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Harahan Bridge/"Big River Crossing" (Memphis, TN)

The opening of the Frisco Bridge in 1892 transformed Memphis into a national railroad hub and within only a few years of its completion, the railroad infrastructure of the area (as well as the bridge itself) had become dated and inadequate to serve the large increase in cross-river traffic demand both locally and regionally. The solution was the construction of a parallel bridge at the same location that would address the rising demands of the railroad industry, while being forward-looking in how it would handle new-age modes of transportation. This bridge, the Harahan Bridge, was completed in 1916 and was the second bridge completed across the lower Mississippi River at Memphis.

City of Memphis officials (including then-Mayor E.H. Crump) reached an agreement on the scope of the new project with the Rock Island Railroad in 1912 and construction began the following year. Like the Frisco Bridge next door, the Harahan Bridge was a major design achievement for another prominent American civil engineer. Ralph Modjeski served as chief engineer for this project, one of his many influential bridge designs across the United States in the early 20th Century. His design called for a larger and wider bridge that carries two railroad tracks, instead of the single track design of the Frisco Bridge. The steady rise of the automobile as a reliable means of personal transportation at this time was on the mind of planners and engineers and this new travel mode was accounted for in the design of the new structure. A pair of roadways (or “wagonways” as they were known originally) are cantilevered outside the main steel superstructure, each 14 ft wide, enabling ample space for automobiles, pedestrians, and wagons in each direction. This configuration of the roadways in relation to the superstructure is a design that went on to be copied and mimicked with multiple other railroad bridges that were built on the lower Mississippi River in the ensuing decades.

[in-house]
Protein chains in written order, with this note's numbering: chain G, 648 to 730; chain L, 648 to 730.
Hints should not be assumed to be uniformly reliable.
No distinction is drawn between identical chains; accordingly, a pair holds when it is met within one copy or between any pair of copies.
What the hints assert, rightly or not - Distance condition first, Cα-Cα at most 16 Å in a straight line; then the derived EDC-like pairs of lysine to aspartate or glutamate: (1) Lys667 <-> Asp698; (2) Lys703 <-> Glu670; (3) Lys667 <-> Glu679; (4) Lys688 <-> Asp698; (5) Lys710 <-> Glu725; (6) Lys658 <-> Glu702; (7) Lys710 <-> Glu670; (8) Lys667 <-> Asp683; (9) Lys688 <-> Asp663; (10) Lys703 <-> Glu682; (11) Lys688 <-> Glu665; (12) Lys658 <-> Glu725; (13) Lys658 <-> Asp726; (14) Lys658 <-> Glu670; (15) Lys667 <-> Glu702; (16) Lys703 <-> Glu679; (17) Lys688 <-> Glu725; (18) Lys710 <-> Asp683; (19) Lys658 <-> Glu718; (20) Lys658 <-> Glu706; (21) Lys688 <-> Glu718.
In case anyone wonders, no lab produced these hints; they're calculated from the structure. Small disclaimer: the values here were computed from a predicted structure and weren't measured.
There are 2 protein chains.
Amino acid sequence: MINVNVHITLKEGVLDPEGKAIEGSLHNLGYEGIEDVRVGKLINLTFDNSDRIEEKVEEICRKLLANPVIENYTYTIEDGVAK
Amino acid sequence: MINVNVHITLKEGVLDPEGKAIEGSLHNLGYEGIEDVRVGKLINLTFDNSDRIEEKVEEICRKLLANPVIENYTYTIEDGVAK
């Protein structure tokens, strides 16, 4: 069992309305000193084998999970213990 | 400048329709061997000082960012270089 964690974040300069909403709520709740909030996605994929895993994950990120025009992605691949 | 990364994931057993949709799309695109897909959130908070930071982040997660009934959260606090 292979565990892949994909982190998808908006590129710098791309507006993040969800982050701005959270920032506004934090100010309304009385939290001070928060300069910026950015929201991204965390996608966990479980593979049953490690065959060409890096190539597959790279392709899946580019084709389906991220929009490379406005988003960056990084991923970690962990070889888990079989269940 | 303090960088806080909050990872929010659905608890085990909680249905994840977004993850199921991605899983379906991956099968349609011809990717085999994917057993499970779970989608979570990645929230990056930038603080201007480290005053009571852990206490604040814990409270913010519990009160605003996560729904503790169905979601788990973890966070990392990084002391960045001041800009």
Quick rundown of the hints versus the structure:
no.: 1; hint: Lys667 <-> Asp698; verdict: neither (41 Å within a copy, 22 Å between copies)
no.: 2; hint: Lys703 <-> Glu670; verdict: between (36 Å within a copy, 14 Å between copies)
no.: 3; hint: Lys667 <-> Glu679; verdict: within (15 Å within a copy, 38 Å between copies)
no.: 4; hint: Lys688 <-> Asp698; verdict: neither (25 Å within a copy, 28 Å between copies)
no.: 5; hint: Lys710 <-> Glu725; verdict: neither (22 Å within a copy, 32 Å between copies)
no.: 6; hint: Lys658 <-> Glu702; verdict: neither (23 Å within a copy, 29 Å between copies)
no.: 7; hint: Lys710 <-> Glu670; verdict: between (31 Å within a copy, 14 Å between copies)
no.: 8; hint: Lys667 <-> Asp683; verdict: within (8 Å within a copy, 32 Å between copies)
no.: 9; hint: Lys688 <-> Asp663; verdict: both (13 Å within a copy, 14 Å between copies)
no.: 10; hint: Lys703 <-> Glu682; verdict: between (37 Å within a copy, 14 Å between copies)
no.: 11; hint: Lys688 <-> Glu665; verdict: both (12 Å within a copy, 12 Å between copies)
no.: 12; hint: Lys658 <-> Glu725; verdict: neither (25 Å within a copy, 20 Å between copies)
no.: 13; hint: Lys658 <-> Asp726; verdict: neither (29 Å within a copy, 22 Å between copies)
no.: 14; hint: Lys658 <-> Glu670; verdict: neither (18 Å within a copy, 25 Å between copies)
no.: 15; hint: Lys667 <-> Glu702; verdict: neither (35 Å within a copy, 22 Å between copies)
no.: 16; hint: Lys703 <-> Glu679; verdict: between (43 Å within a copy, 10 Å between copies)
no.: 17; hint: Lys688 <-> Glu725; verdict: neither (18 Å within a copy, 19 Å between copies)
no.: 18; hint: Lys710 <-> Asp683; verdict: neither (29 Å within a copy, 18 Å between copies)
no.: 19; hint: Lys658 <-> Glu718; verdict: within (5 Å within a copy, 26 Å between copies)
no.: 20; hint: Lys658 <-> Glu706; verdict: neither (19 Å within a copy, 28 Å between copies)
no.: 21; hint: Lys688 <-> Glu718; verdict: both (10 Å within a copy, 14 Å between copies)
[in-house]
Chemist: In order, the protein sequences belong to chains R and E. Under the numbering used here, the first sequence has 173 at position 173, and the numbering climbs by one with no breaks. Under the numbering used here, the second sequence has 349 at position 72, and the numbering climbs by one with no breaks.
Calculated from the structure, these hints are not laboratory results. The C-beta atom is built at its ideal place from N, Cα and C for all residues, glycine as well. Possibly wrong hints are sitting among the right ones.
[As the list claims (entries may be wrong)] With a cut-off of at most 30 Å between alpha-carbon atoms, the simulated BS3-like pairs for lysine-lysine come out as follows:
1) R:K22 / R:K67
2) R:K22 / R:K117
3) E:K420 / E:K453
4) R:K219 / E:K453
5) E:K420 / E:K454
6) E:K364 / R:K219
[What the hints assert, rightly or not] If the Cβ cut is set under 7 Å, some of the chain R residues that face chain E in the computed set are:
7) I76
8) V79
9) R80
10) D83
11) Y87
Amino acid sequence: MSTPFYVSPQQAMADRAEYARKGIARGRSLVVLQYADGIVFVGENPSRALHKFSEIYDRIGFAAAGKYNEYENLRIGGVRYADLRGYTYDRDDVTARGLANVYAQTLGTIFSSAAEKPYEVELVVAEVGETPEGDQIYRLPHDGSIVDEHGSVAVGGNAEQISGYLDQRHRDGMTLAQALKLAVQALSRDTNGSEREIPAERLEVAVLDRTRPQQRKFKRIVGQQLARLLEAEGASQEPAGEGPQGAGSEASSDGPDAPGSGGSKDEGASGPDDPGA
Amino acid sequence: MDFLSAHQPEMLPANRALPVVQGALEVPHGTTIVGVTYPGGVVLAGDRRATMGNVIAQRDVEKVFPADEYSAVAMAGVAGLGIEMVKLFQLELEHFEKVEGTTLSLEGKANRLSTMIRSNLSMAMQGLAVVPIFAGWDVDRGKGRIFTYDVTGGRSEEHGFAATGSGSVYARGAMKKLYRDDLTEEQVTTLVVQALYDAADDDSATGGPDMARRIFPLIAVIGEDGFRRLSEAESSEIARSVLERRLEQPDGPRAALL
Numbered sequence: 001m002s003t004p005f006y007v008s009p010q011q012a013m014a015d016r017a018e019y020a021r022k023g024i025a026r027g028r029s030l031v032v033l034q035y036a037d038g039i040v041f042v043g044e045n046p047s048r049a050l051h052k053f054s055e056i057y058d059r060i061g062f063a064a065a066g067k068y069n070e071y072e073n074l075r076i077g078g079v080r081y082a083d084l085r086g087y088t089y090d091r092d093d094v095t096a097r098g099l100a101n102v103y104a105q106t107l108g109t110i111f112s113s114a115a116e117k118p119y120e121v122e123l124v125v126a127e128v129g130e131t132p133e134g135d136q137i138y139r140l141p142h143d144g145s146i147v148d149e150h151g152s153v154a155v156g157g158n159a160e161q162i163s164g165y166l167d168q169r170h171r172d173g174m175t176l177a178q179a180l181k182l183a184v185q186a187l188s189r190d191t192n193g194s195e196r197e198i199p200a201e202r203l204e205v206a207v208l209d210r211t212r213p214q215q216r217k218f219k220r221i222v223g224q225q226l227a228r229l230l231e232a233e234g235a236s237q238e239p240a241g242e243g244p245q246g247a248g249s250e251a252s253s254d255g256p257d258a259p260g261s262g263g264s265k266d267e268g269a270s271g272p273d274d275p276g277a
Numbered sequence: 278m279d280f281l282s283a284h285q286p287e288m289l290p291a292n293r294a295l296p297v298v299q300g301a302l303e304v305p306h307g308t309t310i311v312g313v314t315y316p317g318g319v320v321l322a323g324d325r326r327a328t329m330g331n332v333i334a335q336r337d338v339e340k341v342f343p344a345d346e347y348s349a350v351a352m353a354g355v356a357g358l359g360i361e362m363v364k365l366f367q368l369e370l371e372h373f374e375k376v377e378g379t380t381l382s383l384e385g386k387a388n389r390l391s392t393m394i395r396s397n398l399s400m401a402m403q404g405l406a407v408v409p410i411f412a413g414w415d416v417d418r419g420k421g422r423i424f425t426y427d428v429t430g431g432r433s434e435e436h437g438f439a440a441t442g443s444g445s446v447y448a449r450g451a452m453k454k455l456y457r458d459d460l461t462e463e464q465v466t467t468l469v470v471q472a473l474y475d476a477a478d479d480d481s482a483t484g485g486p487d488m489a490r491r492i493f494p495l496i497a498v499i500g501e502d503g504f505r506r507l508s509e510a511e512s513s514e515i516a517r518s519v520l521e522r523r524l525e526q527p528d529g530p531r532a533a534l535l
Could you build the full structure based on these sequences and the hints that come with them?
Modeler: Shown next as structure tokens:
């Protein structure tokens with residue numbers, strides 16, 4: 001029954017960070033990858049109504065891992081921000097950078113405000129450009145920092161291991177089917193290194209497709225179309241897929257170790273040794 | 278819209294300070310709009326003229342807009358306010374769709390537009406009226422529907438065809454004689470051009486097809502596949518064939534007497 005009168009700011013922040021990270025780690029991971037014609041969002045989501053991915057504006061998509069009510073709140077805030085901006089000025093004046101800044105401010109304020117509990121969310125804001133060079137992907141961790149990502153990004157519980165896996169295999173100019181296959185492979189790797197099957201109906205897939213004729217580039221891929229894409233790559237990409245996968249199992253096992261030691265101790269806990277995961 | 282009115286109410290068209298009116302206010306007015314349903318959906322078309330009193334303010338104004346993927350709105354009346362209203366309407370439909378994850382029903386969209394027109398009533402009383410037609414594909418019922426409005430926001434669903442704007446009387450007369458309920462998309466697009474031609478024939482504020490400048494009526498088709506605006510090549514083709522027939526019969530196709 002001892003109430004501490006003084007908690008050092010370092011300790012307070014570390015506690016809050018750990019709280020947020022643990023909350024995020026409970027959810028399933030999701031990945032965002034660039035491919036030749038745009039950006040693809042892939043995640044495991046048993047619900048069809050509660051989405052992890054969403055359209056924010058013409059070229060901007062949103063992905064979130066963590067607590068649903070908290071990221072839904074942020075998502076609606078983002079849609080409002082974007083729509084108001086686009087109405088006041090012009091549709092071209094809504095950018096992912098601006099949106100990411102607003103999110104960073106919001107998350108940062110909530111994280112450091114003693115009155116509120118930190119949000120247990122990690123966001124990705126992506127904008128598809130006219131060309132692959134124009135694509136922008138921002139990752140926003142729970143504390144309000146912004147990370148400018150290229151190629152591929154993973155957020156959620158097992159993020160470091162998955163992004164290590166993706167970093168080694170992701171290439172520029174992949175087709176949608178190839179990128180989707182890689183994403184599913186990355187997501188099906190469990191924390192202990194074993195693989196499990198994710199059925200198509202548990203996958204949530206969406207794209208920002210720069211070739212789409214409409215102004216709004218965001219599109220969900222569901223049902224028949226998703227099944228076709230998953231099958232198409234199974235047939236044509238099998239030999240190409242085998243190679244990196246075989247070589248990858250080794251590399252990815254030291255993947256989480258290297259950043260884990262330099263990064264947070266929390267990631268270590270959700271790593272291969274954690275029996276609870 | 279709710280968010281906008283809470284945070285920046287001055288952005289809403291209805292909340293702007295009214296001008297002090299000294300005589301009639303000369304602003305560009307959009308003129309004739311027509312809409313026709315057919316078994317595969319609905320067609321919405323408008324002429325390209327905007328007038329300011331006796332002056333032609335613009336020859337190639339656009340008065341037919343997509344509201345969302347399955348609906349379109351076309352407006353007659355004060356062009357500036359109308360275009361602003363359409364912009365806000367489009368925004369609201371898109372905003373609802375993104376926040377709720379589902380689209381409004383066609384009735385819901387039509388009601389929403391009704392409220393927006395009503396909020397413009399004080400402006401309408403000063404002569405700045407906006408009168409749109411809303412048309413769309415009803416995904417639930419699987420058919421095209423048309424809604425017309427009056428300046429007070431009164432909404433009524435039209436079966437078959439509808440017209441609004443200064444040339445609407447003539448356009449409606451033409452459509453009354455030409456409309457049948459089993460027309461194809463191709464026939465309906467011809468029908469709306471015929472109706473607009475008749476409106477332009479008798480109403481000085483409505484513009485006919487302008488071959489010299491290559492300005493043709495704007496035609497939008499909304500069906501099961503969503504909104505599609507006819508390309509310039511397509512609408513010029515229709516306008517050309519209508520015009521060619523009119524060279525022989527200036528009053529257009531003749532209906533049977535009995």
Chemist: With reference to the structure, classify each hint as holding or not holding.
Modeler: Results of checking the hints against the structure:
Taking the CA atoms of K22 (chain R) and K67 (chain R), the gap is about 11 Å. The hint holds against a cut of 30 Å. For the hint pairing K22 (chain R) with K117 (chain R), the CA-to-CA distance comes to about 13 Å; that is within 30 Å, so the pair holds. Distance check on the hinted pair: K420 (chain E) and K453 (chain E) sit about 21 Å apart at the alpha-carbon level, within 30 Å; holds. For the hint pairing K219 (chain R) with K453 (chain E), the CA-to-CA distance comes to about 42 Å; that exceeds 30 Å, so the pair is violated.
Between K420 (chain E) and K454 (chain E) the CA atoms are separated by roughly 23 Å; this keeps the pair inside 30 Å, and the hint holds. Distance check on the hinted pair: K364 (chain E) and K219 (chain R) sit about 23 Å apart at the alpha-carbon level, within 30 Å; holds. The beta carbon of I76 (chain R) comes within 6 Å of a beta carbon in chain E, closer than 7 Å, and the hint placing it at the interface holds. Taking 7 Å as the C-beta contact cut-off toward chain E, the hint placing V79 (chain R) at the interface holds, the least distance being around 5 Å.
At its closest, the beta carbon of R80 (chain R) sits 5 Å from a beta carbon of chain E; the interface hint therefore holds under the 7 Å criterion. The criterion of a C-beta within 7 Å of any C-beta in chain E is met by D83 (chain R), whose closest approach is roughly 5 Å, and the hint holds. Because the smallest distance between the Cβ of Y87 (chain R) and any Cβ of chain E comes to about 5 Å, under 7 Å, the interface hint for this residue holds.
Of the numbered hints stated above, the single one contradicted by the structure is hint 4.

The need to accommodate ever-heavier railroad loads with a higher-capacity railroad deck meant that the superstructure of this bridge had to be built much heavier with far more steel than its predecessor next door. In this unique case, it’s possible to see how much railroad bridge engineering evolved over a short period of time around the turn of the 20th century, as the two primary examples of this progression stand side-by-side at this location. At about one mile in length, the finished bridge was very similar in proportion to its neighbor just downriver. The span lengths were required to be kept the same so that the piers of both bridges would line up in the river navigation channels and reduce the hazard to on-water traffic.


Ralph Modjeski (1861-1940)

The Harahan Bridge carried its first train on July 14, 1916. The bridge was planned to be named “Rock Island Bridge” but was named instead for railroad executive James Theodore Harahan prior to its completion. Harahan was an influential railroad magnate with the Illinois Central Railroad who was killed in a railroad accident in January 1912. Ironically, he was en route to Memphis for further discussions with the city’s officials about the project that was then still only an idea, and he was a strong supporter of the project that bears his name today.